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City looking to designate old Copper Cliff fire hall under province's Heritage Act

Designation will increase protection against changes or demolition of building that has stood for more than 100 years
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The city of Greater Sudbury has started the process to designate the former Copper Cliff Fire Hall on Serpentine Street as building of cultural heritage value.

The city of Greater Sudbury has started the process to designate the former Copper Cliff Fire Hall on Serpentine Street as building of cultural heritage value.

Constructed in 1909, the fire hall was added to the city's heritage register in 2014, and now Ward 2 Coun. Michael Vagnini has started the process to have the building designated under the province's Heritage Act.

Vagnini brought forward a members' motion a May 19 city council meeting that directs staff to initiate the process of designating the fire hall under Part IV of the Ontario Heritage Act, as there has been some recent interest from outside groups in purchasing the building.

"What I'm looking for is we don't have somebody come in and bulldoze down the building," said Vagnini. "Whatever we have to do to have it declared that if you are going to buy the building, yes we are going to put it on the market, but we want to maintain the heritage of the building."

Under the city's heritage register where the building was listed as being important to the community in 2014, there is a measure of interim protection in that the owners of the building must give the municipality 60 days notice prior to demolition, which allows the municipality to decide whether to begin the designation process to give long-term protection to the property.

Ward 9 Coun. Deb McIntosh raised the question of what are the differences between being listed on the city's register and being designated under the Ontario Heritage Act.

General manager of growth and infrastructure Tony Cecutti explained that there are different levels of protection for buildings that are designated under the Heritage Act than simply being listed as building of interest by the city.

"Generally speaking, buildings could become of interest in our community but aren't designated as such under the Heritage Act. Once they become designated under the act there are certain protections that any existing or future owner would have to respect," said Cecutti.

"If they're just of interest to the community they don't have the same protections that the Act would apply."

Councillor McIntosh made reference to the downtown CP rail station, which the city leases and is federally designated as a heritage site.

"I'm wondering does it limit the ability to sell the (fire hall) building?" said McIntosh. "I would hate to own this particular building and have it fall into disrepair because it's not being used or it's not been sold because nobody will buy it because of the restrictions put on it, but I do understand the restrictions so that somebody doesn't bulldoze it."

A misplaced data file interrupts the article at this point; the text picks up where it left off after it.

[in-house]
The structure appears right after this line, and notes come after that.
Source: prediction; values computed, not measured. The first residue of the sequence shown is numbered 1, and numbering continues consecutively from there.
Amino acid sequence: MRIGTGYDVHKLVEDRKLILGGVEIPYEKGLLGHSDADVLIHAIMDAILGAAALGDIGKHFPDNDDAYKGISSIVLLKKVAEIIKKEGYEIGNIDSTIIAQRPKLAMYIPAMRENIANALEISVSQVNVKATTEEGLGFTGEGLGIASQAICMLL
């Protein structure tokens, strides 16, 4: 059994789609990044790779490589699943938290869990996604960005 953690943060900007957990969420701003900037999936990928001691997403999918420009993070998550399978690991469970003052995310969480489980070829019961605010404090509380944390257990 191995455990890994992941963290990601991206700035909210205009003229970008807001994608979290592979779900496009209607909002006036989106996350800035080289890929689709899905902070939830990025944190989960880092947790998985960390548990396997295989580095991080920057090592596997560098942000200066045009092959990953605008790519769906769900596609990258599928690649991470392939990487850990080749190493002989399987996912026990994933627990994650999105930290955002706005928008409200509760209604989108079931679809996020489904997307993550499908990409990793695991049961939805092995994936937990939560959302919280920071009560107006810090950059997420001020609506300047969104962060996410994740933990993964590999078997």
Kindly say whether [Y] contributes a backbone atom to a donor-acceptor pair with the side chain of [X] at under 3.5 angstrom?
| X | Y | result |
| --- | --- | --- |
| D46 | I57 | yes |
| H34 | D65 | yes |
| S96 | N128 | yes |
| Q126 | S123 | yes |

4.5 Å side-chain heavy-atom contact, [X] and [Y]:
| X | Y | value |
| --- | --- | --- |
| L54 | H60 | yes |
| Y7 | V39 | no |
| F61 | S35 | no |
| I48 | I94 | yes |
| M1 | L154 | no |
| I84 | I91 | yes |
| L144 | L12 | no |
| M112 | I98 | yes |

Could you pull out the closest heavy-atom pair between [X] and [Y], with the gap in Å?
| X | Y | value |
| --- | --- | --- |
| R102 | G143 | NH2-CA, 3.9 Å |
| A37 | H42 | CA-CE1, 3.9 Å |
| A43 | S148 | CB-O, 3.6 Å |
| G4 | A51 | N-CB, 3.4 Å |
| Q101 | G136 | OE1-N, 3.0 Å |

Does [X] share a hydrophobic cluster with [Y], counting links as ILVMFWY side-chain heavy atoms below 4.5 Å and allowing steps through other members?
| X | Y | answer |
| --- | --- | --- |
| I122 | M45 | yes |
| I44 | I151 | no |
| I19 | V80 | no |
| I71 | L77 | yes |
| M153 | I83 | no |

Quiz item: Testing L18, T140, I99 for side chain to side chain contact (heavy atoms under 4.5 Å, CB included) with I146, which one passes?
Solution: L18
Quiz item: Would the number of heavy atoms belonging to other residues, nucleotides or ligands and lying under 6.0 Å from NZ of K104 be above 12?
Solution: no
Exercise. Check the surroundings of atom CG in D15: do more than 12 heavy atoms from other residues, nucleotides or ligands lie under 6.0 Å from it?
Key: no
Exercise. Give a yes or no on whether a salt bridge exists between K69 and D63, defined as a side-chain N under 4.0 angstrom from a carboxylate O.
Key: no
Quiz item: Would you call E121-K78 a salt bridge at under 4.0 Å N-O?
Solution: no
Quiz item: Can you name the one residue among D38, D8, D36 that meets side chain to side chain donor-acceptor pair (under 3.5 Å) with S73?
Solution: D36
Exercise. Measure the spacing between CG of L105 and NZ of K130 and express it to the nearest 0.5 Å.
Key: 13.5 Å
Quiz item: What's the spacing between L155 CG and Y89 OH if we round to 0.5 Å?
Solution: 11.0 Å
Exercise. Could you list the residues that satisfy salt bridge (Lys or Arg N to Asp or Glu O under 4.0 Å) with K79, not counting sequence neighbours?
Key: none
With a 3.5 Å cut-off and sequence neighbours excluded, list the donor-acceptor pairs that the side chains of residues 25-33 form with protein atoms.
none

Vagnini explained that there are buyers interested in the Copper Cliff fire hall building and that they are already in the process of planning what to do with the building.

"The people that are interested are historical buffs, in fact, you'd almost call them pickers, because they have a company and what they want to do is maintain the integrity and the look of the building," said Vagnini.

"The one individual is actually looking at buying an old historical fire truck at an auction so that he can be able to have that parked outside."

If the Copper Cliff fire hall is designated under the Ontario Heritage Act, it gives the municipality a more say in determining what can or can't be changed by future owners.

"The designation process is the subsequent step that the Ontario Heritage Act provides to municipalities to strengthen the protection on heritage buildings within their community," said Jason Ferrigan, Greater Sudbury director of planning services.

"By strengthen, what I mean is that process gives the municipality (the ability) to move into a more detailed analysis to reaffirm the statement of cultural heritage value or interest, but more importantly, explore the heritage attributes of the building. So the physical elements of the building that actually contribute to its cultural heritage value and will require protection under the Act if the municipality believes those attributes are under threat of being lost in the face of development."

Council voted unanimously in favour of Vagnini's motion which directs staff to initiate the process to designate the fire hall at 7 Serpentine Street under Part IV of the Ontario Heritage Act.

This will include consulting with the Municipal Heritage Advisory Panel as required by the Act, evaluating the property pursuant to the prescribed criteria, returning to council with a staff recommendation, issuing a “Notice of intention to designate” including the publishing of the notice in the newspaper, an appeal period and the passage of a by-law.


Matt Durnan

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